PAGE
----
For example, while most of the rights in the ICESCR find recognition in the SA Constitution (including the rights to food, housing, health care and education), the Covenant recognises one new right, and sets at least two new, arguably, more progressive standards or principles for socio-economic rights fulfilment, both of which have implications for the obligations on the state.

“The Right to Work” (article 6) is a new right, which could have important implications for the 15 million unemployed South African’s. Another interesting provision is Article 11: “the right to an adequate standard of living”. This right could be interpreted as giving legal force to the National Development Programme’s commitment to ensure a Decent Living Level for all. In relation to “social security”, the UN Committee on Economic, Social and Cultural Rights has also arguably favoured a more expansive approach, which could have an impact on governments policy not to provide comprehensive social security or long-term social insurance to adults aged 19-59.

Justifiable worries have been expressed about the decision to make a declaration on the right to education, which, in the absence of any official statement by the state, has been taken as an attempt to undermine the more progressive right to basic education contained in the Constitution. Anyone familiar with our Supreme Law, however, will know that the right to basic education is immediately realisable in South Africa and not subject to progressive realisation within available resources. The Constitutional Court has affirmed this and no declaration on the part of the state will change that.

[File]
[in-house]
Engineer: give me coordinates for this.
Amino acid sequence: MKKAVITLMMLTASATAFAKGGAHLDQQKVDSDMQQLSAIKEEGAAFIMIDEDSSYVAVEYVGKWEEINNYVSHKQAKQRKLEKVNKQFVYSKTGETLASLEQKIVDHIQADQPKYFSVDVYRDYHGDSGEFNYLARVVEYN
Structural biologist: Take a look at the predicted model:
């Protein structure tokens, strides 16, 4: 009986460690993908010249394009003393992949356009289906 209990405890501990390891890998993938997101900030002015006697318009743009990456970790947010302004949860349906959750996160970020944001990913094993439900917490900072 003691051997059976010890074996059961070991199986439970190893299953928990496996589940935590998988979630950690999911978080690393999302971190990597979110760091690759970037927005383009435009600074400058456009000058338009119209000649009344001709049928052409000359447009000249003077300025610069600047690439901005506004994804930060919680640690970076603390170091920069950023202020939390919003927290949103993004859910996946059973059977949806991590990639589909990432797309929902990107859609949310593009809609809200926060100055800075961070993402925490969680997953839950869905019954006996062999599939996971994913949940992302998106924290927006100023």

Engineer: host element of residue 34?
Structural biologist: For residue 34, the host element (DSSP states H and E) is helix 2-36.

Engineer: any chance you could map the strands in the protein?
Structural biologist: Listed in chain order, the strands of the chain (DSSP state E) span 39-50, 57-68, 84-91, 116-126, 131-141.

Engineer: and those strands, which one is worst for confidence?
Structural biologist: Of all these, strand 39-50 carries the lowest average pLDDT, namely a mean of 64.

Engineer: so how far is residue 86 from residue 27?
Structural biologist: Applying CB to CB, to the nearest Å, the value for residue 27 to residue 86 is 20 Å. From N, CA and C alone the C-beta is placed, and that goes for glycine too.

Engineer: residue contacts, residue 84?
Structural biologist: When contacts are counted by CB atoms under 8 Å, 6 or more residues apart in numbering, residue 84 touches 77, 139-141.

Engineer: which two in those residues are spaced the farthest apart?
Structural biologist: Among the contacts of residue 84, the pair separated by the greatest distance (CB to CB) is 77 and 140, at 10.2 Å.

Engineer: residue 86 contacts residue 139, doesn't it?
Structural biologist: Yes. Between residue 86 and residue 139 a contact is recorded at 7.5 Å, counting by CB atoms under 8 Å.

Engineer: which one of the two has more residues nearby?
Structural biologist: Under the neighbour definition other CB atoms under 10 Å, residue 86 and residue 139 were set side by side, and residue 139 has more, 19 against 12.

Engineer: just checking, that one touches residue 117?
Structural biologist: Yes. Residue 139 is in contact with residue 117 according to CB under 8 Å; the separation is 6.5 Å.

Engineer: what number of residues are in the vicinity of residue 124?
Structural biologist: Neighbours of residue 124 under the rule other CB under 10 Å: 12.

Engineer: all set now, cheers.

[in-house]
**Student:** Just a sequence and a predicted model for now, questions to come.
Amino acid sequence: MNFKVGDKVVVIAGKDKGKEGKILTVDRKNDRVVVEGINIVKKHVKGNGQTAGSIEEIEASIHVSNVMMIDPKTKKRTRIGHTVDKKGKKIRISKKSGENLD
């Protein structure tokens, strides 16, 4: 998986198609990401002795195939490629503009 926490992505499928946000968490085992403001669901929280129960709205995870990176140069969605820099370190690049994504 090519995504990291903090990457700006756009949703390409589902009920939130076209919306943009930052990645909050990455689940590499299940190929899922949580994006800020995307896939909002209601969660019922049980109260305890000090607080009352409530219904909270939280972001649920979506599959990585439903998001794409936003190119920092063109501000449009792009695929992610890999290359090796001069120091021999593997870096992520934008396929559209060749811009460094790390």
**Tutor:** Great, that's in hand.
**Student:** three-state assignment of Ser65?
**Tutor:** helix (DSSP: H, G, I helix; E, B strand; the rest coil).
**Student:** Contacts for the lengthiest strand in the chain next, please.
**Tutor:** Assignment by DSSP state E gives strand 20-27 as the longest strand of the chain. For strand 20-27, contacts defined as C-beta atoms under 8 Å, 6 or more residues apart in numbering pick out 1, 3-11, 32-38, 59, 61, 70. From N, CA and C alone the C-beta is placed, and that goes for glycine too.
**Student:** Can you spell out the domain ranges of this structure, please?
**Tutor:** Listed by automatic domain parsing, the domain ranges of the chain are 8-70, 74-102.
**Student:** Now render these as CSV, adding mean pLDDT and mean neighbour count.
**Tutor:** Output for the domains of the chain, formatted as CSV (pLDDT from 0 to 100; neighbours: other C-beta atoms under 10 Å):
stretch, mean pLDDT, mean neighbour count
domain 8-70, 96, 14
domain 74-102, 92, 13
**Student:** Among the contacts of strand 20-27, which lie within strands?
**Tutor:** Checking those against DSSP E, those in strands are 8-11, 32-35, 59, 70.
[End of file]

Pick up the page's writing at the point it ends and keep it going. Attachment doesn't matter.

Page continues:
Of course, as the millions of South Africans for whom the notion of socio-economic rights remains a rather distant concept know, having rights on paper does not automatically translate into enjoyment of rights on the ground. To be enjoyed and experienced by the majority of South Africans, the rights in the ICESCR, like the rights in the Constitution, will have to be fought for before they become real.

The ICESCR is a pro-poor treaty that sets important principles and standards for how government should apply itself, and provides a normative rights-based framework for how a socially and economically just society might look. However, without social awareness and mobilisation around the rights in the treaty, its impact will be diminished. Civil society has an important role in ensuring that this is not the case.

Ratification of the ICESCR should be seen as a reaffirmation by the government of the transformative principles at the heart of the Constitution, and to the proud history of internationalism, which the ANC and many of our other liberation movements have.

Reflecting on learners’ struggles for the right to education and on the broader goals of those fighting for freedom in South Africa, at his inaugural address to the UN General Assembly in 1976, Tambo said: “We fight to transfer political power into the hands of the people. When, in June and in subsequent months, our people replied to the fascist power with the cry "Amandla ngawethu”, they meant "Power to the people”. It is with that power that the people will transform our country into an acceptable member of the international community and create within it a society that upholds civilized and humane standards.”

This year, a new tool has been added to the armoury in the fight against poverty, inequality and unemployment, a tool whose implementation would go some way to reclaiming South Africa’s place at the forefront of international struggles for the promotion and protection of all human rights. The question is how will we use it?

McLaren is Socio-Economic Rights Project Leader at the Studies in Poverty and Inequality Institute in Johannesburg.